Pakistan and China have entered into a new advisory agreement to expedite the development of Gwadar Port, a pivotal element of the China-Pakistan Economic Corridor (CPEC) that has faced significant delays. This accord was one of 20 agreements and memoranda of understanding (MoUs) inked between the two nations.
Under this agreement, two Chinese state institutes will provide technical, intellectual, and consultation support to enhance the efficiency and speed of Gwadar Port’s development. Additionally, an addendum to the Mainline-I project of CPEC aims to reduce its scope and design, significantly cutting the construction costs from $6.7 billion.
Gwadar Port considered the linchpin and gateway to CPEC, has faced numerous challenges, including issues related to infrastructure development and industrial zone utilization. During the first decade of CPEC, Pakistan received $25 billion in investment, falling short of the initially announced $62 billion due, in part, to a failure to establish Special Economic Zones (SEZs).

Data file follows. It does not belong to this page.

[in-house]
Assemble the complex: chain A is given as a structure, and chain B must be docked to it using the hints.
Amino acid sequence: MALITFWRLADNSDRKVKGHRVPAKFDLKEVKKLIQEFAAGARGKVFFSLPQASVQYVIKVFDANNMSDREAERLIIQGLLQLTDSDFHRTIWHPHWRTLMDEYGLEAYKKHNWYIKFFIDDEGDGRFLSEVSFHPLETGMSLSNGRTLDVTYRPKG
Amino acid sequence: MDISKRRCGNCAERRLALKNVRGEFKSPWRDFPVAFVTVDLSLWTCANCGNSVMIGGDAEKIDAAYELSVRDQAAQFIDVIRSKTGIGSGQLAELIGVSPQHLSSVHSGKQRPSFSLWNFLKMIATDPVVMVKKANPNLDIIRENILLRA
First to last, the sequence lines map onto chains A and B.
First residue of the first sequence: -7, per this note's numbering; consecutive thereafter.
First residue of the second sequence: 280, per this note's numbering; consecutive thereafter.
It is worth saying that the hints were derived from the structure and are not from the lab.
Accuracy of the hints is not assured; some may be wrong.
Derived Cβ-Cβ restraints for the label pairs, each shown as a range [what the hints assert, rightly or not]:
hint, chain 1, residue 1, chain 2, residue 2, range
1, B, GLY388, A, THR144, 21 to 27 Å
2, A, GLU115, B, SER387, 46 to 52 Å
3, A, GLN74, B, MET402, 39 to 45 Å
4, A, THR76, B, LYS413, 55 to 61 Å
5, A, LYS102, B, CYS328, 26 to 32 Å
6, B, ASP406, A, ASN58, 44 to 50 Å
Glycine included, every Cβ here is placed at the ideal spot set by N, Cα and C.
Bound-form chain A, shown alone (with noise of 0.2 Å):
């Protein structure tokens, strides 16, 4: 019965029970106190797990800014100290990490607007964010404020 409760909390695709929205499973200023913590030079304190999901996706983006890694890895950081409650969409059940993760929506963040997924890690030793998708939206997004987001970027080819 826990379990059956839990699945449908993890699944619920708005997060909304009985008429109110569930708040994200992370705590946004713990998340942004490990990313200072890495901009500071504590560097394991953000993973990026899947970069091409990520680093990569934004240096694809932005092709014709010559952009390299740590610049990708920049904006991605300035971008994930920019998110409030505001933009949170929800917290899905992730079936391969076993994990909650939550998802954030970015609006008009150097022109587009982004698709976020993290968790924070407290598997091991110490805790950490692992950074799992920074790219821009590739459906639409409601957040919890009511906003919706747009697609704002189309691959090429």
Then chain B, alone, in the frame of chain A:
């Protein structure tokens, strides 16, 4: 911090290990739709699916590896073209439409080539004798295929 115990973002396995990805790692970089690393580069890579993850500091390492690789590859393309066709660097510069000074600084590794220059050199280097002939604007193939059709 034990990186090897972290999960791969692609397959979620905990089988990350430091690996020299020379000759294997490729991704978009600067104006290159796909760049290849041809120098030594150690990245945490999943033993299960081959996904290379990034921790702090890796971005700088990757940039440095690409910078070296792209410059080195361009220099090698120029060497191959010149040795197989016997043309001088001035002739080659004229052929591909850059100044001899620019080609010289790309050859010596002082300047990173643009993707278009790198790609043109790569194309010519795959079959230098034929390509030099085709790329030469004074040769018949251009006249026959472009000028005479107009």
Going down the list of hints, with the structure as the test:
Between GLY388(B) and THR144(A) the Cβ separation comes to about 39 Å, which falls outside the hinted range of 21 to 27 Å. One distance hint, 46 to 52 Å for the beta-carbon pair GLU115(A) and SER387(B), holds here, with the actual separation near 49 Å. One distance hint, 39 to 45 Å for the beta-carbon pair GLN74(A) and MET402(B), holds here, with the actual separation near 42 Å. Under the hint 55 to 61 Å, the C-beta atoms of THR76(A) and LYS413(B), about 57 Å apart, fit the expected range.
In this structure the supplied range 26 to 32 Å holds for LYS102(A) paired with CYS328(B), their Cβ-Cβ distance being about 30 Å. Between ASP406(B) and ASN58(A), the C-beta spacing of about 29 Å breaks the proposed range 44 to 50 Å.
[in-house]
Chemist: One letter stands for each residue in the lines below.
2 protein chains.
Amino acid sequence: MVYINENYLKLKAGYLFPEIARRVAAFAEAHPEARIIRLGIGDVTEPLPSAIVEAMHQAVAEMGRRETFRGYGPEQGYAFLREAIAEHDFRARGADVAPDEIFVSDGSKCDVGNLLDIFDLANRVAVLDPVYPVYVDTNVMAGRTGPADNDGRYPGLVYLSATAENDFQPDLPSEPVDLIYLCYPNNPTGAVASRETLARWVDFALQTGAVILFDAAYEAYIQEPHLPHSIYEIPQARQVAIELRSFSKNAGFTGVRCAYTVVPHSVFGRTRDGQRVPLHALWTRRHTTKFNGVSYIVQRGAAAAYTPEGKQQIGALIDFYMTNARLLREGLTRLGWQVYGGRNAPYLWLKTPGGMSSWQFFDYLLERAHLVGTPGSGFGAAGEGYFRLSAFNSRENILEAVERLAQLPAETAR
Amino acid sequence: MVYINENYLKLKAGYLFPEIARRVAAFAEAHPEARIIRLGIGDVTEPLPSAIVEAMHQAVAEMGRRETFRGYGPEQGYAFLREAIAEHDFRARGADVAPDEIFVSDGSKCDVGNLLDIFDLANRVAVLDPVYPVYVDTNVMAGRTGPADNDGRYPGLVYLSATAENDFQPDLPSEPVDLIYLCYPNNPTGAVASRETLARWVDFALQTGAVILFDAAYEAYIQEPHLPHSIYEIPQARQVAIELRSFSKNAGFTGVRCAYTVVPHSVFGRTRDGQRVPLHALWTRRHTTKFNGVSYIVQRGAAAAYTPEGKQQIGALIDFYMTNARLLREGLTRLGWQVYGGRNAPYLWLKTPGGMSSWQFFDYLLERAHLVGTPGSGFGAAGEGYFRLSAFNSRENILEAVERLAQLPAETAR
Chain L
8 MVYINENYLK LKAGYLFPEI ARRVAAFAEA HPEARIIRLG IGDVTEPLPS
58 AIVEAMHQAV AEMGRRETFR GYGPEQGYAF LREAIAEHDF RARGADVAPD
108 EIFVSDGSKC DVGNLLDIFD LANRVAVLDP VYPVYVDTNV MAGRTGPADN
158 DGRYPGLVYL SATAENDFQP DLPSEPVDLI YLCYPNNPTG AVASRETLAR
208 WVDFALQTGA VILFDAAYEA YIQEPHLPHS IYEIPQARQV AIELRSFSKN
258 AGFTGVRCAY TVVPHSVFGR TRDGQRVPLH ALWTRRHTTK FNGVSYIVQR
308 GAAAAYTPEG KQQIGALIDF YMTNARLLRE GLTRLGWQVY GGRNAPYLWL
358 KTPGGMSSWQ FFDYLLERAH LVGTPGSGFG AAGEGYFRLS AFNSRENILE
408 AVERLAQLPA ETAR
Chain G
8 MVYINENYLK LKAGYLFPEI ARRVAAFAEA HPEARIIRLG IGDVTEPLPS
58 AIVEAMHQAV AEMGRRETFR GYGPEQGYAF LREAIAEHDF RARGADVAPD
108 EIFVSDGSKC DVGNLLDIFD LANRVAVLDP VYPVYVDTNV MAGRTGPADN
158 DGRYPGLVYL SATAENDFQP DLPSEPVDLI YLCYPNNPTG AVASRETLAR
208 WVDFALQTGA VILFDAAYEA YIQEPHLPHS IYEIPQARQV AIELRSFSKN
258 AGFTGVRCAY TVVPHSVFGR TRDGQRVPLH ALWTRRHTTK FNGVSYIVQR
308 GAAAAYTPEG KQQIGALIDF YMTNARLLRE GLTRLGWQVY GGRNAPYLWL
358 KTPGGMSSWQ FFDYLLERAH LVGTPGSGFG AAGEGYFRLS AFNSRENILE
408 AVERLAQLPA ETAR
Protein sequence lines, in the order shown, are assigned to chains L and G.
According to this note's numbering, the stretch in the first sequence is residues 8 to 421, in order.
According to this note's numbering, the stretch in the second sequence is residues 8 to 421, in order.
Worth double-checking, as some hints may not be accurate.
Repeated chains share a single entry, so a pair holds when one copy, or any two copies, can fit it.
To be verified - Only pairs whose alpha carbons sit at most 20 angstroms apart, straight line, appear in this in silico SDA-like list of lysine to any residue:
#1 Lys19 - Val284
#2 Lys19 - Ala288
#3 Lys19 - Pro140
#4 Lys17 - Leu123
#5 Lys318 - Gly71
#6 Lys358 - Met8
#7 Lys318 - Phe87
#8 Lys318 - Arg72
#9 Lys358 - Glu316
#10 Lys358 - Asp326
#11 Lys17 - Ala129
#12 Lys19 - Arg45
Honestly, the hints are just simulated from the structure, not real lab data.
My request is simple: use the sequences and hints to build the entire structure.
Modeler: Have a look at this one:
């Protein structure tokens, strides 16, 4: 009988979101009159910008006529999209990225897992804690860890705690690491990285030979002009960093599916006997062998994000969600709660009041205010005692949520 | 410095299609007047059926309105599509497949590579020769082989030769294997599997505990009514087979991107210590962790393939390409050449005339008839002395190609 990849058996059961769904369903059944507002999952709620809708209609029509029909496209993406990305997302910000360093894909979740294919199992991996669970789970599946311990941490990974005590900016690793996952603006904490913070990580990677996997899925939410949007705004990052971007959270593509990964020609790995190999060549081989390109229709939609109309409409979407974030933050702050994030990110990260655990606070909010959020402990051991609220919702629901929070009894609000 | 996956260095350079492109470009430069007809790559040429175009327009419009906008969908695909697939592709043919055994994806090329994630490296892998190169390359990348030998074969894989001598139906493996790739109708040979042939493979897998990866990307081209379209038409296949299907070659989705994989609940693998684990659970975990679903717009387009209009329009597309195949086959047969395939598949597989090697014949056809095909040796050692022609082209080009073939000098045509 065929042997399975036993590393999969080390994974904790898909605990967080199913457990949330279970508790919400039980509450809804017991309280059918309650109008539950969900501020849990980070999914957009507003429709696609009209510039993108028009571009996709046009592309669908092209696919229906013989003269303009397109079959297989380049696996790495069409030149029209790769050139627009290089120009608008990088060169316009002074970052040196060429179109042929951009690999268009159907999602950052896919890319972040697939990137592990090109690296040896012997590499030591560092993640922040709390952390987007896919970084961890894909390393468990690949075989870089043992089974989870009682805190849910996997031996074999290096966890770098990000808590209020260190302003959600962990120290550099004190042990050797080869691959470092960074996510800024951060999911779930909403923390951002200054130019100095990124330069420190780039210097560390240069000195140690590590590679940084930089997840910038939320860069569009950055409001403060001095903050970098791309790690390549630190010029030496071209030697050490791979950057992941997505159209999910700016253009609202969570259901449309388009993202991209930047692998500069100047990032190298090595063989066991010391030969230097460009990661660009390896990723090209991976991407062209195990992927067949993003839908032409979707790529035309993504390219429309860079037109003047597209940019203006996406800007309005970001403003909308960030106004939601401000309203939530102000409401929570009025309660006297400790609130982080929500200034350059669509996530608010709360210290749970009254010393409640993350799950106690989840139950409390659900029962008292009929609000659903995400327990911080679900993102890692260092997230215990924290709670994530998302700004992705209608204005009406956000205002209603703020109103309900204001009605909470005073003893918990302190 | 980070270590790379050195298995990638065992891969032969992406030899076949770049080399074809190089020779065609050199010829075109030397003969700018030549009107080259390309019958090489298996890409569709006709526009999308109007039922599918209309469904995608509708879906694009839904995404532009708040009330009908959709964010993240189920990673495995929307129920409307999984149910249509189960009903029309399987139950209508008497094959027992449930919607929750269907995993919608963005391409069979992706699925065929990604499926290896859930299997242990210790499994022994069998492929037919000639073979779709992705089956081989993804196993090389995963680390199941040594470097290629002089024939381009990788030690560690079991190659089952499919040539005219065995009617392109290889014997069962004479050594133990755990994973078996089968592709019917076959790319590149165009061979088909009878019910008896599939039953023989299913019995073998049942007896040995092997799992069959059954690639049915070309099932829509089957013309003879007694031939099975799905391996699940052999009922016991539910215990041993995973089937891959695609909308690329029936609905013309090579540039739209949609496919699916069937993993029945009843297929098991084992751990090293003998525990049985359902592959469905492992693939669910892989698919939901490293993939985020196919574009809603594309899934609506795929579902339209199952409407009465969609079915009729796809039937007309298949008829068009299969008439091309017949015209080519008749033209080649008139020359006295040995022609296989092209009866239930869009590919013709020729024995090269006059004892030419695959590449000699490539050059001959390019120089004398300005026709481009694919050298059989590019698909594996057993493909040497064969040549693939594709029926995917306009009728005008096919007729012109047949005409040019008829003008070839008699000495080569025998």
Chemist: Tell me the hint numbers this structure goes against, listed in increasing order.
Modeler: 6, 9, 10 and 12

Despite being fully capable of handling general cargo and achieving full operational capacity, Gwadar Port’s utilization remained low during the initial ten years of CPEC. Numerous projects in Gwadar, encompassing major and small initiatives, have encountered delays, resulting in issues related to the provision of essential services like water and electricity.
To address these challenges, Pakistan and China have signed multiple agreements and MoUs that encompass areas like connectivity, food security, research, media exchanges, space cooperation, urban sustainable development, capacity building, mineral development, industrial cooperation, climate change, and vaccine development.
One of the key objectives is the faster development of Gwadar Port, with Chinese state institutes providing technical expertise. There is also an emphasis on enhancing cooperation in the mineral sector, including geological and mineral surveys and development.